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Gaming Guru

Jeff Simpson

Binion Employees Get Support

15 January 2004

LAS VEGAS -- While Binion's Horseshoe's now-jobless work force waits for word on the fate of their downtown hotel-casino, the Culinary union and the state Department of Employment, Training and Rehabilitation are joining to provide help and answers to workers.

Questions about who will operate the casino, when it will reopen and how many Binion's employees will be rehired if and when it reopens are among those that will remain unanswered until Harrah's Entertainment completes negotiations with Horseshoe owner Becky Binion Behnen.

But questions about Binion's paychecks, unemployment checks, health insurance coverage and job referrals can be answered, and Culinary Local 226 and the employment department have teamed up to minimize hardships suffered by the hotel's work force.

The Culinary is providing computer access to sign up for unemployment pay and job training programs.

The state agency recommends Horseshoe workers sign up for unemployment online because a seasonal spike in layoffs has made accessing the department's phone lines much more difficult.

The Web site is, and agency spokeswoman Karren Rhodes said the sign-up process is instantaneous.

That's important, because the time period covered by unemployment checks doesn't begin until people apply, she said.

Horseshoe employees who haven't recently received unemployment compensation will likely be eligible for unemployment.

Checks usually take about two weeks to arrive after filing, she said.

The state agency estimates about 900 Horseshoe employees lost their jobs Friday when Binion's closed after U.S. marshals entered the property and seized about $1 million of the casino's cash, leaving the 52-year-old landmark without the bankroll to operate.

About 450 of those workers are maids, cooks and porters who are members of the Culinary. The union has agreed to act as a job search resource for all of the Horseshoe's employees, including the nonunion workers, Culinary Secretary-Treasurer D. Taylor said Wednesday.

Taylor estimated 400 or more Horseshoe workers attended an informational meeting the union held for the workers at Culinary headquarters.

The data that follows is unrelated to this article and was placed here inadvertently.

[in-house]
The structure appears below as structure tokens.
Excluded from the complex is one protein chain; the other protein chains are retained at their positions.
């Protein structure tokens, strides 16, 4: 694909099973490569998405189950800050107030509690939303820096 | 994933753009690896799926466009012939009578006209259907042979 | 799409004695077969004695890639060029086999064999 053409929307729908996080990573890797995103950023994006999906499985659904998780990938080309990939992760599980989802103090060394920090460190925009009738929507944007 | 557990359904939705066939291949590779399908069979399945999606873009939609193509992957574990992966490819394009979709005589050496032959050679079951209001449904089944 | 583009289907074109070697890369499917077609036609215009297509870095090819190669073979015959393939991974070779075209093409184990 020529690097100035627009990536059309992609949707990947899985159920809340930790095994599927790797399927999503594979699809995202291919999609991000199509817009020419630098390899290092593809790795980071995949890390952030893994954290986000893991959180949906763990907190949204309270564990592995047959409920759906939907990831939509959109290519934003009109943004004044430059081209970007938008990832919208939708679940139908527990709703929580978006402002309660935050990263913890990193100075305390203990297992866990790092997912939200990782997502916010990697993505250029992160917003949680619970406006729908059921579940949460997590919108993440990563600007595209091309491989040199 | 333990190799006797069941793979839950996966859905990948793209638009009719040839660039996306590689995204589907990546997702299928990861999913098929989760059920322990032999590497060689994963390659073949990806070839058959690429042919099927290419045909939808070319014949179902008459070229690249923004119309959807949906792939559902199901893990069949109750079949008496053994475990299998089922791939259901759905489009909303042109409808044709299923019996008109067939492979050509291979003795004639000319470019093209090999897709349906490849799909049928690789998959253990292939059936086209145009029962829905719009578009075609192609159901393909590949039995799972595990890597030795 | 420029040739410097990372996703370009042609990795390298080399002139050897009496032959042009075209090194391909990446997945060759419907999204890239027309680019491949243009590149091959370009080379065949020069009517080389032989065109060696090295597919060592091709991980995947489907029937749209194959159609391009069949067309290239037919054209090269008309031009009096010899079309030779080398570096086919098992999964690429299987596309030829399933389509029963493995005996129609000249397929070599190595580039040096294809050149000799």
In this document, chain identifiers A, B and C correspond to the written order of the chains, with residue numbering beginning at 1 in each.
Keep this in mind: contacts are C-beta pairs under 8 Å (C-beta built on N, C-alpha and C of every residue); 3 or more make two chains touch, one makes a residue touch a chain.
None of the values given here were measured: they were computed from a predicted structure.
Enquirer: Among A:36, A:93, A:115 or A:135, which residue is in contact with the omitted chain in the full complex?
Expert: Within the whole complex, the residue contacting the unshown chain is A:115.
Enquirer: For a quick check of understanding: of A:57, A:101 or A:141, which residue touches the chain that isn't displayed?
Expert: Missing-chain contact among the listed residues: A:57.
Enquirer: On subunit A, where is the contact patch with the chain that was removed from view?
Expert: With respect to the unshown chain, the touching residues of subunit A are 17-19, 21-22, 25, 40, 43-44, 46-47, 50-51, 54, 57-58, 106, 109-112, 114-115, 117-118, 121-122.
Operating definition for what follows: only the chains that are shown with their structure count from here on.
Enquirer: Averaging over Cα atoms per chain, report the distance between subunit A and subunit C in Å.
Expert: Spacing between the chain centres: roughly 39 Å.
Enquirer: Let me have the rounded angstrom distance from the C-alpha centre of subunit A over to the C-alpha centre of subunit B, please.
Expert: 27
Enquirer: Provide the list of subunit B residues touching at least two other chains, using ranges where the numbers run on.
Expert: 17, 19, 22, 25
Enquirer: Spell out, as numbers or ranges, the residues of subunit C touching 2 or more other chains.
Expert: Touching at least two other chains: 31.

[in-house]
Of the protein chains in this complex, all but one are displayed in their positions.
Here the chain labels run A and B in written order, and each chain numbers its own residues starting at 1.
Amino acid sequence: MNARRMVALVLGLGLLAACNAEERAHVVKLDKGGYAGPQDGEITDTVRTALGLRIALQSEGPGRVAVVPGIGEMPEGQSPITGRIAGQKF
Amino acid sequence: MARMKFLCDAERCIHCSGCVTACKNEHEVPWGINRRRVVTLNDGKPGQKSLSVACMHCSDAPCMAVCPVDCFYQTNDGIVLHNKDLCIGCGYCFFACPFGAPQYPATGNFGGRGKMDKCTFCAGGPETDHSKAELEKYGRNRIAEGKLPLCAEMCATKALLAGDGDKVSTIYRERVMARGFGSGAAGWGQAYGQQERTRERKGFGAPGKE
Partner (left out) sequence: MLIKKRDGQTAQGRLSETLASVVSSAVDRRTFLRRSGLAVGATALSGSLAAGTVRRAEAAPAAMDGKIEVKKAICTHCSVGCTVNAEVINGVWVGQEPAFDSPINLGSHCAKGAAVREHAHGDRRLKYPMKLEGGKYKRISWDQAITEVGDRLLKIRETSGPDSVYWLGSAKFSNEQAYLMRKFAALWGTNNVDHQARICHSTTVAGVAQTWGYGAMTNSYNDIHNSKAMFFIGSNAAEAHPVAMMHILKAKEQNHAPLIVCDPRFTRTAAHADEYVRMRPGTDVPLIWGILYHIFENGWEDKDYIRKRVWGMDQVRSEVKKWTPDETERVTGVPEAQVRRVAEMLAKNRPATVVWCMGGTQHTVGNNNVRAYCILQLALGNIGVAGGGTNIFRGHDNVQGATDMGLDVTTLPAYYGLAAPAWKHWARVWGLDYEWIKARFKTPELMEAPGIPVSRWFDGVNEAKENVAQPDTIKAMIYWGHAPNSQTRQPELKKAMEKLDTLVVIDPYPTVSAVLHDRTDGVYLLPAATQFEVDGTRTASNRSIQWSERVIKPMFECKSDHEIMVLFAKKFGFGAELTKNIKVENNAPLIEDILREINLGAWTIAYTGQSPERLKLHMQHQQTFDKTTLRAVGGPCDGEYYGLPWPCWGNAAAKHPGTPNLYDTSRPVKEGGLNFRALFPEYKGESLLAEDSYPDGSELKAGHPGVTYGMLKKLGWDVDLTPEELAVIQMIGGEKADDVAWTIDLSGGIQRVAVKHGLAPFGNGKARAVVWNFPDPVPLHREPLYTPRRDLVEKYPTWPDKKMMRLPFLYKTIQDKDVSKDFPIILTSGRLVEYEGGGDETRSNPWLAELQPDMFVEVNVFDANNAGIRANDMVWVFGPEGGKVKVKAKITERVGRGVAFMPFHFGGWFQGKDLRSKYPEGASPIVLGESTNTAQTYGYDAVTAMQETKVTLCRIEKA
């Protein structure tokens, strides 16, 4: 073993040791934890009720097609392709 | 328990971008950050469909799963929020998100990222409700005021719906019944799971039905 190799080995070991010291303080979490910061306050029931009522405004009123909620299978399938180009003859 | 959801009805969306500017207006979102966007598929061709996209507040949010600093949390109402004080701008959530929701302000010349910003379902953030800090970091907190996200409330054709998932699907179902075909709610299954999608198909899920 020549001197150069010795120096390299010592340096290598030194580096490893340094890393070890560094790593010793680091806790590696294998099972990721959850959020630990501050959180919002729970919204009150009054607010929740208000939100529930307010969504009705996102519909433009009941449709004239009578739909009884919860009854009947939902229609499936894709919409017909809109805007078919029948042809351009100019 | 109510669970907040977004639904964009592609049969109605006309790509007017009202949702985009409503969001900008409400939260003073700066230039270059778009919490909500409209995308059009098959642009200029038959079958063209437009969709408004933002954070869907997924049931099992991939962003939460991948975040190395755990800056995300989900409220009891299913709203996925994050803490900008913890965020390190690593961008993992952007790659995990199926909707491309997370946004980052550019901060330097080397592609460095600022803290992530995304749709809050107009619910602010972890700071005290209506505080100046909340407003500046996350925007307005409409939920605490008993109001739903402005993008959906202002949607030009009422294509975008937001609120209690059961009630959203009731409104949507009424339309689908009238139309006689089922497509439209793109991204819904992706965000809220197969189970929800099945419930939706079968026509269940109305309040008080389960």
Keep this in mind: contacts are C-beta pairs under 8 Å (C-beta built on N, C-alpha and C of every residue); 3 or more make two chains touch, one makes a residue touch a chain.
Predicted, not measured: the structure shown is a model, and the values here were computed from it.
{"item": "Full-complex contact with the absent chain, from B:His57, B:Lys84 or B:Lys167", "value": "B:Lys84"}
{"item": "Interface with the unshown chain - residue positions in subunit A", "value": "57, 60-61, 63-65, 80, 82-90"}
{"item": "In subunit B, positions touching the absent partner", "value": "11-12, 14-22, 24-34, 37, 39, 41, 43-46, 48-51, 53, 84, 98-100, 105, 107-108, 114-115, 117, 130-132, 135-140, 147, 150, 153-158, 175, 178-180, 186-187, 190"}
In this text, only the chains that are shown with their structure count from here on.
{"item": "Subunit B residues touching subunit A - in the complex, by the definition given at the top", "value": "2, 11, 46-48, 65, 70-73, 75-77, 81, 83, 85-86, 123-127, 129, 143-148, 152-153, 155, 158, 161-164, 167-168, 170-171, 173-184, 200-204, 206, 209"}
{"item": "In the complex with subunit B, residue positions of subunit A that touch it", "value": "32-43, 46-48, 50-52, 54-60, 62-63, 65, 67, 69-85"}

He said the workers were anxious about their futures and had many questions.

"They have no other place to turn," Taylor said. "These people were put in this position through no fault of their own."

Taylor told the workers what Harrah's executives told him Wednesday morning, he said.

Among the facts he spelled out were:

- The deal to buy the Horseshoe is not final.

- Harrah's intends to assess the property and decide its future after the deal is complete.

- If and when it applies to operate the Horseshoe, Harrah's wants the transition to be as fast as possible.

- Harrah's has no problem assuming the workers' union contract.

"The important thing is that the workers know they're not alone," Taylor said.

Besides training programs offered by Nevada Partners and the Culinary Training Academy, Taylor said the union hopes to provide as many people as it can with new jobs.

For example, the Culinary and Bartenders' union job dispatch office sent 54 bartenders to Mandalay Bay on Wednesday to work at a big event, he said.

Many of the bartenders were Horseshoe bartenders, he said. Taking interim jobs doesn't affect workers' ability to reclaim a Horseshoe job if and when it reopens, he added.

Culinary officials also explained to union workers that their union health care coverage remains in effect for four months.

Taylor said Horseshoe employees who have yet to receive their final paychecks and their layoff notices can pick them up today between 3 and 6 p.m. at the Horseshoe time office.

Harrah's will guarantee the paychecks, Taylor said.

Employees should turn in their uniforms then, and will be able to retrieve personal belongings from their employee lockers, he said.